ready qualitatively been shown by band-shift experi-
ments [6]. The modulation of the affinity of a repressor
for its DNA target by a chemical inducer has not been
determined quantitatively before. The EthR repressor, a
member of the TetR/CamR family of repressors,
exhibited a K
D
of only 1.5·10
-7
M and showed strong
cooperativity, but did not undergo a change in affinity
by the presence of the purported inducer ethionamide
[21]. The thermo-inducible cts-52 mutant repressor of
Bacillus subtilis phage u 105 had affinities for DNA
Fig. 8 Overview of all interaction kinetics between elements
involved in copper homeostasis. Shown are the CopA copper
ATPase of the plasma membrane (blue), the CopZ and Cu(I)CopZ
chaperones (green), CopY
2
and [Zn(II)CopY]
2
repressor dimers
(yellow), and the promoter region with the cop box (red). The
kinetic values for the respective interactions are indicated. Values
for the interaction of CopZ and Cu(I)CopZ with CopA were taken
from reference [23]
Fig. 7 In vivo induction of the cop operon measured with a lux
biosensor. E. coli DcopA cells containing the biosensor plasmid
pOCL were exposed to copper in 0.9% NaCl, 1% glucose (filled
circles), or in LB media (open circles). Luminescence was measured
with a cooled CCD camera. Other details are given under Materials
and methods
401
Page 6
similar to those of CopY, namely in the range of 0.2–
1·10
-10
, depending on the promoter [22]. Raising the
temperature from 37 to 50 C led to a more than ten-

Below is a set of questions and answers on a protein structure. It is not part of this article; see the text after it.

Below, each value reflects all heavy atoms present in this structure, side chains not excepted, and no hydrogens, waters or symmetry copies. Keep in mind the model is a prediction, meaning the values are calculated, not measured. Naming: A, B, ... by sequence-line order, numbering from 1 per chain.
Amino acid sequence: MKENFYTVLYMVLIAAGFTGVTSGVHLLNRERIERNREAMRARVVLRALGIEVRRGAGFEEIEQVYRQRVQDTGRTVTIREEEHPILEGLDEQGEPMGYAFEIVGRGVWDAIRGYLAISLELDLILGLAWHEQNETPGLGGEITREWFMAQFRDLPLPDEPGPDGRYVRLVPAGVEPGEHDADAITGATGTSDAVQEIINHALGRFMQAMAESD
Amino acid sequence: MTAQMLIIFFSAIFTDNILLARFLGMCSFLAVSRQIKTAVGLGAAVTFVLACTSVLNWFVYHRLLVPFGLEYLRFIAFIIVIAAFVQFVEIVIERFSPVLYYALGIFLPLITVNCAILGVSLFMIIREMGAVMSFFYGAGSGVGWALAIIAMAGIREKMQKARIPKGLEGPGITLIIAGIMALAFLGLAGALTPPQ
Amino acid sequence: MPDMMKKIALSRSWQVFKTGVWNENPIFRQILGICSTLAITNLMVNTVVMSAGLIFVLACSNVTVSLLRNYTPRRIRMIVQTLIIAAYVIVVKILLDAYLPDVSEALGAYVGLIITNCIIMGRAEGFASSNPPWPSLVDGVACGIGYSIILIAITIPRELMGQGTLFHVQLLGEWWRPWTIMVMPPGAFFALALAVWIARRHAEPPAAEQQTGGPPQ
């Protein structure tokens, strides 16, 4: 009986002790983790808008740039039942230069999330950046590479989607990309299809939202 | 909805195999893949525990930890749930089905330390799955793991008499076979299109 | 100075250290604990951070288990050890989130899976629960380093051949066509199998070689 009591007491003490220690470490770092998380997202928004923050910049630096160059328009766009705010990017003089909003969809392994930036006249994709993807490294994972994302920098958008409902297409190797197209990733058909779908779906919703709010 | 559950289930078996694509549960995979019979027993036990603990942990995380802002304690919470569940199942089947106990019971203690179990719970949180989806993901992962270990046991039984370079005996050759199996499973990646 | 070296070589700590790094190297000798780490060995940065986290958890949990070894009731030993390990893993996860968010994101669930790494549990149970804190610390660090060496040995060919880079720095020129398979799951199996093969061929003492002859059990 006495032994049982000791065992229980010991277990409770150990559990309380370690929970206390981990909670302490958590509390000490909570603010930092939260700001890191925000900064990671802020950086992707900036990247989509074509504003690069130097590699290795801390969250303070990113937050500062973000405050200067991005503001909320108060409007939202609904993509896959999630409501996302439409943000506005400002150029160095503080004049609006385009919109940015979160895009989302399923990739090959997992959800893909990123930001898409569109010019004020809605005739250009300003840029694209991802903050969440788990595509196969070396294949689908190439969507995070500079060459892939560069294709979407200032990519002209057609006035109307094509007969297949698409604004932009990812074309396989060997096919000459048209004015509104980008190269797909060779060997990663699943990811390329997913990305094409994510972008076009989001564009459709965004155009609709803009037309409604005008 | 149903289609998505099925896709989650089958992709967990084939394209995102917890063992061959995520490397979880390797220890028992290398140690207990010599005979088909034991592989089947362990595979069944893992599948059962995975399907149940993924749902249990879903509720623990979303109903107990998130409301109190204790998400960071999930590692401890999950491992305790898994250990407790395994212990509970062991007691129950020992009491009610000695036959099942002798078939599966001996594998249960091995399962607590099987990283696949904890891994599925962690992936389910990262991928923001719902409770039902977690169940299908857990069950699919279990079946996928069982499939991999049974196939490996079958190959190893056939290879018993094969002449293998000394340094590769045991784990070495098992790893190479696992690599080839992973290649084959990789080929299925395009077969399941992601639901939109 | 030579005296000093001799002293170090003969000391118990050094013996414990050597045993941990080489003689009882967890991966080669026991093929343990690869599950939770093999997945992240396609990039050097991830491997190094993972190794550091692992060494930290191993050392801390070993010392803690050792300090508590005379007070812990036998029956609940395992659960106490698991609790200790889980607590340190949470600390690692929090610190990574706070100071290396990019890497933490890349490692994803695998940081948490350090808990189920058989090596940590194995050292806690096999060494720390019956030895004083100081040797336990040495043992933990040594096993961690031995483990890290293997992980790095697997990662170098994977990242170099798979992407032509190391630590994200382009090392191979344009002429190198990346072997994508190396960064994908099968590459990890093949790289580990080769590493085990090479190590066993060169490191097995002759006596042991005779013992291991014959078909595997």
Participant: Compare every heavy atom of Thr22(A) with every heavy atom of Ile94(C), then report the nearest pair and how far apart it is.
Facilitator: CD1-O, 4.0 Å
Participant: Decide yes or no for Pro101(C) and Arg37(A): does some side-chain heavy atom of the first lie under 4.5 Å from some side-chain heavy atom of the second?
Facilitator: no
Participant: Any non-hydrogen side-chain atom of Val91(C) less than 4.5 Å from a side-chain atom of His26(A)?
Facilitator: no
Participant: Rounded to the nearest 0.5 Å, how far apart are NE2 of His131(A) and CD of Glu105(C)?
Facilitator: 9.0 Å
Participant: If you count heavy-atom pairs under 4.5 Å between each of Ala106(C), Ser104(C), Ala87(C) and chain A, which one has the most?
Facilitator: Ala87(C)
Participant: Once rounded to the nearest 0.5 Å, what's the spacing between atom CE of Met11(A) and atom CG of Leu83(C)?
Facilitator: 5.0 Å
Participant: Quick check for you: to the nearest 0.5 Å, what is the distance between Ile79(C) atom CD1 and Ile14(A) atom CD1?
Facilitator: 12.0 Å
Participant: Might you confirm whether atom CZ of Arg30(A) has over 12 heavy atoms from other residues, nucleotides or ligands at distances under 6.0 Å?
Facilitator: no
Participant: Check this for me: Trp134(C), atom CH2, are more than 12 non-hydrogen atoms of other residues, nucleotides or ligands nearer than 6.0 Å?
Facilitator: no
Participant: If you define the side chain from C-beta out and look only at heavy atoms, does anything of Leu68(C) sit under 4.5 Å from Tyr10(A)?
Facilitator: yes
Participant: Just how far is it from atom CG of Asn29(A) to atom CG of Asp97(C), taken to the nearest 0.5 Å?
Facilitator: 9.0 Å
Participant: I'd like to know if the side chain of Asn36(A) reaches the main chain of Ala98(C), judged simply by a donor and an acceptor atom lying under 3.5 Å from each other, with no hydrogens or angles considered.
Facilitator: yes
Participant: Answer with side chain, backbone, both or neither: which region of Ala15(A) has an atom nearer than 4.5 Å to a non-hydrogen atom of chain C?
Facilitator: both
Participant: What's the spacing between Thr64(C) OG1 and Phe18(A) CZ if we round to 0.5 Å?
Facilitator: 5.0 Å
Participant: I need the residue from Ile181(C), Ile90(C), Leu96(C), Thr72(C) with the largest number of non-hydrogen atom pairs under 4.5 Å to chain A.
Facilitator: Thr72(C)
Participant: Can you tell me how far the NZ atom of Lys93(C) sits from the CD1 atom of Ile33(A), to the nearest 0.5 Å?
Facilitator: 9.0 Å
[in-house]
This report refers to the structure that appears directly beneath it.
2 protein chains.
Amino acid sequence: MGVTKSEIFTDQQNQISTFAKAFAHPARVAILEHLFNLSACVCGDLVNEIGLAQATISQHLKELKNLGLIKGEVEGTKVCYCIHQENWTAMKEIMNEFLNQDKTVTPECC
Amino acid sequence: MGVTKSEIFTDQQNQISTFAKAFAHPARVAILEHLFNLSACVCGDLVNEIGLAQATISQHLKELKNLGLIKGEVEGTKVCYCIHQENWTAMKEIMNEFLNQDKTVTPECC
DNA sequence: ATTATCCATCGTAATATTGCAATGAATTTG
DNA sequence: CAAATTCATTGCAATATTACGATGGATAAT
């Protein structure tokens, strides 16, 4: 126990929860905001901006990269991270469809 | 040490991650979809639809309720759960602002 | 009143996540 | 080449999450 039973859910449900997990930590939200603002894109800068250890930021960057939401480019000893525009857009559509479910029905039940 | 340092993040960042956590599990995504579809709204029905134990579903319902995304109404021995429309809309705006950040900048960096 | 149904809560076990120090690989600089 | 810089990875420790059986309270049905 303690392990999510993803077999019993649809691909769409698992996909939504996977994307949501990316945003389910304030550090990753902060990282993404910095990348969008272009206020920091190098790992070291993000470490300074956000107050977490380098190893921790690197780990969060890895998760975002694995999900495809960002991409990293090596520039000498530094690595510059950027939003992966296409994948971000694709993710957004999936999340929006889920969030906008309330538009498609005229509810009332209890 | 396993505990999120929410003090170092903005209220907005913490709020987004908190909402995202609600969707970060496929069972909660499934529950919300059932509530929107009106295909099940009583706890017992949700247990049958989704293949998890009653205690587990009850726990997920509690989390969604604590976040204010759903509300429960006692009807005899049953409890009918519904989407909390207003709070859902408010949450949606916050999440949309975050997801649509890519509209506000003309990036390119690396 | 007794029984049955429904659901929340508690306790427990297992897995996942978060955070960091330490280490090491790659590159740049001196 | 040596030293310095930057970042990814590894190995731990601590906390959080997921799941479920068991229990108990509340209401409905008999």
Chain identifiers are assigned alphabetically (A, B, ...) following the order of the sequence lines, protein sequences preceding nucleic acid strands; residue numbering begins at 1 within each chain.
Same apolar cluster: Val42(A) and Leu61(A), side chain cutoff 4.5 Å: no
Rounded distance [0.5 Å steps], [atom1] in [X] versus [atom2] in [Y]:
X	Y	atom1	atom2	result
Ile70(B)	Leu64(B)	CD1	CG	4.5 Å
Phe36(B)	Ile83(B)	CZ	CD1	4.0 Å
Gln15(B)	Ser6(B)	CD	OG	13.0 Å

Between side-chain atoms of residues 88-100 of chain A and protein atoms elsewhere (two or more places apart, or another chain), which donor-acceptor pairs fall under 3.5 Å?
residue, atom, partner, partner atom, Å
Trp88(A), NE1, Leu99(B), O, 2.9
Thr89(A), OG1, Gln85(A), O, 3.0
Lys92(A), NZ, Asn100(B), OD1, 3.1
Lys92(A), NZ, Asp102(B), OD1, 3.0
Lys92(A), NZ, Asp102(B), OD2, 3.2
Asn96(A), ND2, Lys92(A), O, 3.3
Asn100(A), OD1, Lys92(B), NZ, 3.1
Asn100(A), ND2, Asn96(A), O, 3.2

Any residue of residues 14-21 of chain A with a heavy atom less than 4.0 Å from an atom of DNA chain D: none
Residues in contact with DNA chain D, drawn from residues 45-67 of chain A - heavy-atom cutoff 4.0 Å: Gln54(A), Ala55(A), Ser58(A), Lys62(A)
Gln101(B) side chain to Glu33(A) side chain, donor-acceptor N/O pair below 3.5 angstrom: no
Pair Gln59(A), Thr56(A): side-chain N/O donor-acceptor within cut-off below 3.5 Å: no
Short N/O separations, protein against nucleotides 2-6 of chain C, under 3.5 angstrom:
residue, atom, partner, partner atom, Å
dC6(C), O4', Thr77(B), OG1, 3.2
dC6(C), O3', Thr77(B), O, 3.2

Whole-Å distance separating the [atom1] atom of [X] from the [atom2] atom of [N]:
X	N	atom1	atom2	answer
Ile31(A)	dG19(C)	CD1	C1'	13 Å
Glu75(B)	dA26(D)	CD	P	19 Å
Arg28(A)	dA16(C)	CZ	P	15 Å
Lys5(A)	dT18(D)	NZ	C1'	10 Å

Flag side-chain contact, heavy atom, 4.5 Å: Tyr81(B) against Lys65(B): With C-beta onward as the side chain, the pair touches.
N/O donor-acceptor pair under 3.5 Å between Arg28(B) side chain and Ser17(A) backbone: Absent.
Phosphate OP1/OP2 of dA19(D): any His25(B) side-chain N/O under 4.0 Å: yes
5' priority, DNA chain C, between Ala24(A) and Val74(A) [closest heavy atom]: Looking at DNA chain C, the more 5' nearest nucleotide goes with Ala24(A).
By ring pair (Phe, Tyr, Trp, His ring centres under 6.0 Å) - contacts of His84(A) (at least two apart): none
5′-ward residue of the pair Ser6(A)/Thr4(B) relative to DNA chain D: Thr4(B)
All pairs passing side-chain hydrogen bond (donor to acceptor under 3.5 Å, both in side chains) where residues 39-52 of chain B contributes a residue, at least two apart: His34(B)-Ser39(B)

fold decrease in the affinity of the repressor for some of
the promo ters, explaining thermo-induction [22]. Thus,
relatively small changes in equilibrium-dissociation
constants between the repressor and the DNA target
appear to be sufficient to trigger induction of tran-
scription.
The rate of dissoci ation of CopZ from [Zn(II)CopY]
2
differed only two-fold in the presence or absence of
copper. In contrast, the association rate of Cu(I)CopZ
with [Zn(II)CopY]
2
was 440-fold higher than that of
CopZ. This supports the in vivo function of Cu(I)CopZ
in delivering copper to [Zn(II)CopY]
2
[5, 10]. Once
CopZ has donated the copper to CopY (and possibly
other cellular constituents requiring copper), it has to be
re-loaded with copper during the cyclic process of this
chaperone. This presumably occurs at CopA [23]. The
kinetic parameters of the interaction of CopZ and CopA
had been determined earlier by surface plasmon reso-
nance analysis [23] and corroborated the suggested
CopZ cycle (Fig. 8). The association rates of CopZ and
Cu(I)CopZ with the CopA ATPase were very similar,
while the dissociation rate of Cu(I)CopZ was increased
14-fold compared to that of CopZ.
It was observed that copper( I)-acetonitrile in excess
of 2 lM enhanced the dissociation of CopY from the
DNA about five-fold. In the presence of 10 lM copper,
the maximal dissociation rate of 5·10
-5
s
-1
was reached.
Unfortunately, a dissociation constant for copper(I)-
acetonitrile is not available. It is thus not possible to
estimate the influence of the free copper concentration
on the measured binding kinetics. For the copper-
responsive activator of E. coli, CueR, the free copper
concentration to which it responded to was estimated to
be in the zeptomolar range (10
-21
M [24]). This activator
turns on copper homeostatic genes in response to cop-